George Guynemer

George Guynemer

George Guynemer was born in France on 24th December 1894. On the outbreak of the First World War he joined the French Air Service.

At Verdun he was shot down and severely wounded. He returned to the Western Front during the summer of 1916 and flying a Nieuport II at the Battle of the Somme he established himself as France's most outstanding pilot.

Guynemer achieved 53 victories before being shot down and killed on 11th September, 1917.

Primary Sources

(1) Ernst Udet, was one of those German pilots who encountered Georges Guynemar in a dogfight.

We met at the same altitude. As the sun caught it, I saw the other man's machine painted light brown. Soon we were circulating round each other playing for an opening. Below we probably looked like two great birds of prey indulging in spring-time frolics, but we knew it was a game of death. The first man to get behind the other's back was the winner. In the single-seater fighters you could only shoot forward, and if your opponent got on your tail you were lost.

Sometimes we passed so near to each other that I could see every detail of my opponent's face - that is, all that was visible of it below his helmet. On the machine's side there was a Stork and two words painted in white. The fifth time that he flew past me I managed to spell out the word, Vieux. And Vieux Charles was Guynemar insignia. Georges Guynemar had some 30 victories to his credit and I knew that I was in for the fight of my life.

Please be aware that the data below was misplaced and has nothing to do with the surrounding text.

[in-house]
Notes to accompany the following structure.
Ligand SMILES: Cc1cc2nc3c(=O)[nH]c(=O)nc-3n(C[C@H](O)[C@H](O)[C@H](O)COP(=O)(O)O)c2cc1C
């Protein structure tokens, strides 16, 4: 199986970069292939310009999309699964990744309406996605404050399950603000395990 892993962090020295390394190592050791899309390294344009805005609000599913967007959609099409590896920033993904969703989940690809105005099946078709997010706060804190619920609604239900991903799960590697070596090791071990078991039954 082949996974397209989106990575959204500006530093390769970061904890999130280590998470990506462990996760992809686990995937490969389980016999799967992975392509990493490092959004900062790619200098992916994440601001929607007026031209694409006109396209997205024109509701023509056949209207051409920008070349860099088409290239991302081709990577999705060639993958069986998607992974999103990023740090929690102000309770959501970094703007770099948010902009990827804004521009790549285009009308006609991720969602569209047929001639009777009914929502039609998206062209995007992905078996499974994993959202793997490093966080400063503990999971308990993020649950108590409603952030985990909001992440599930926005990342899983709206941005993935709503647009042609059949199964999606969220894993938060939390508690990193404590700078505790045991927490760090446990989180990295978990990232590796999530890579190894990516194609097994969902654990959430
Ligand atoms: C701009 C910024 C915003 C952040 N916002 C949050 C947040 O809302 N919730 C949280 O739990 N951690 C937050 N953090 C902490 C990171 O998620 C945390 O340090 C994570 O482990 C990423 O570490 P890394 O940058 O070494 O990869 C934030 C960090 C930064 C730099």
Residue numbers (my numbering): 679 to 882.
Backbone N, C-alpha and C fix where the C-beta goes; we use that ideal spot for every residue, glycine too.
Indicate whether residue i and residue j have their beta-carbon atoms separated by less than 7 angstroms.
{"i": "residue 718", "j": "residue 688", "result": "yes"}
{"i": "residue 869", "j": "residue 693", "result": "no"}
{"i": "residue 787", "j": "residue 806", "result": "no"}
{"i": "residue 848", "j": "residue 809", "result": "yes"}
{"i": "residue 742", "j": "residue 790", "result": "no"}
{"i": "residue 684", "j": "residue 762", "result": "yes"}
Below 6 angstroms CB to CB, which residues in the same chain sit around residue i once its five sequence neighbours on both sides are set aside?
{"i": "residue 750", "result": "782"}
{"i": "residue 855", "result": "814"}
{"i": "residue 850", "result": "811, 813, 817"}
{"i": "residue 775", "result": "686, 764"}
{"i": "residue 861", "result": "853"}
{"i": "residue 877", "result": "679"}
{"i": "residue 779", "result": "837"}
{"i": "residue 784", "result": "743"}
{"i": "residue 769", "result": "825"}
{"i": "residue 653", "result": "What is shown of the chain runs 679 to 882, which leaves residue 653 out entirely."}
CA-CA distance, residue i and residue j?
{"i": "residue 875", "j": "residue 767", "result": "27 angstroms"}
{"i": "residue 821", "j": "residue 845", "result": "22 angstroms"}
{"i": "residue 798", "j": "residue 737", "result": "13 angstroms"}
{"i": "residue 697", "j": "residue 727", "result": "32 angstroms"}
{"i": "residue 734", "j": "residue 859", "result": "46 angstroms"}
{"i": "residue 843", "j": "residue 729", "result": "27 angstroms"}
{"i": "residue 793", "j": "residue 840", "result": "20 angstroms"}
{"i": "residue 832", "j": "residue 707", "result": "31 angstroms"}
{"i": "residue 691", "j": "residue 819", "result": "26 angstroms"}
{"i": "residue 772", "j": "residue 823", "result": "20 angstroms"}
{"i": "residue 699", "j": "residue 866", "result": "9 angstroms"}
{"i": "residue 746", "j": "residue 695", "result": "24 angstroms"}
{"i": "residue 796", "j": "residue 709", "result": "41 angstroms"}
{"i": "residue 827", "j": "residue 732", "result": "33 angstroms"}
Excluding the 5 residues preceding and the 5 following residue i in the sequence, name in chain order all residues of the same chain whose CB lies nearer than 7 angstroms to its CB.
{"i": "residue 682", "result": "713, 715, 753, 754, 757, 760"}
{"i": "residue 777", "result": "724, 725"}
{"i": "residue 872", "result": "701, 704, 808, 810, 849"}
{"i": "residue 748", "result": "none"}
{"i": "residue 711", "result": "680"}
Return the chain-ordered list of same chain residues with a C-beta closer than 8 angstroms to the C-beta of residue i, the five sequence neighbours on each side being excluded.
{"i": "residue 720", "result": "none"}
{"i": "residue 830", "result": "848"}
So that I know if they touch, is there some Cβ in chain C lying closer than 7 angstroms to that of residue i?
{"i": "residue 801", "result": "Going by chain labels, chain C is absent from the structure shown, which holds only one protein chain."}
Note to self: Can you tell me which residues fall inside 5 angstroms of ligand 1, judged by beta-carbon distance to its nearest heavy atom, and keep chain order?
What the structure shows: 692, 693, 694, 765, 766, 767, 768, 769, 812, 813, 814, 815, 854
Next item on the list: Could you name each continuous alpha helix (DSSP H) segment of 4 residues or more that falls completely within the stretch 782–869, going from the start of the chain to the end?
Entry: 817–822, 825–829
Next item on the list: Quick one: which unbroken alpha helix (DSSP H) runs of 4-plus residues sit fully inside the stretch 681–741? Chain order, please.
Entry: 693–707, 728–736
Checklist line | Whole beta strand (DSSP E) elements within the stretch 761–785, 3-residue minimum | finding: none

I tried every trick I knew - turns, loops, rolls, sideslips - but he followed each movement with a lightning speed and gradually I began to realise that he was more than a match for me. But I had to fight on, or turn away. To turn away would be fatal.

For eight minutes we had been flying round each other in circles. Suddenly Guynemer looped, and flew on his back over my head. That moment I relinquished hold of the stick, and hammered with both hands at the machine-gun. I missed him and he again passed close over my head, flying almost on his back. Guynemer now knew I was his helpless victim. And then, to my great surprise, he raised his arm and waved to me. Guynemer gave proof that even in modern warfare there is something left of the knightly chivalry of bygone days.

(2) Citation, Chevalier de la Légion d'Honneur (24 December 1915)

Pilot of great gallantry, a model of devotion to duty and courage. During the course of the past six months he (Georges Guynemer) has fulfilled two missions of a special nature requiring the highest spirit of self-sacrifice, and has engaged in thirteen aerial combats, of which two ended in the destruction in flames of the enemy aircraft

(3) Citation, Officier de la Légion d'Honneur (11 June 1917)

Officer of the elite, a fighting pilot as skilful as he is audacious, he (Georges Guynemer) has rendered brilliant service to his country, as much by the number of his victories, as by his daily keenness and ever-growing mastery. Heedless of danger he has become for the enemy, by the sureness of his methods and by the precision of his maneuvers, the most redoubtable adversary of all. On 25 May 1917, he accomplished one of his most brilliant exploits in downing, in one minute, two enemy planes and reporting in the same day two other victories. By all his exploits he contributes to the excitement, courage and enthusiasm of those who, in the trenches, are witnesses to his triumphs. Forty five planes downed, twenty citations, two wounds.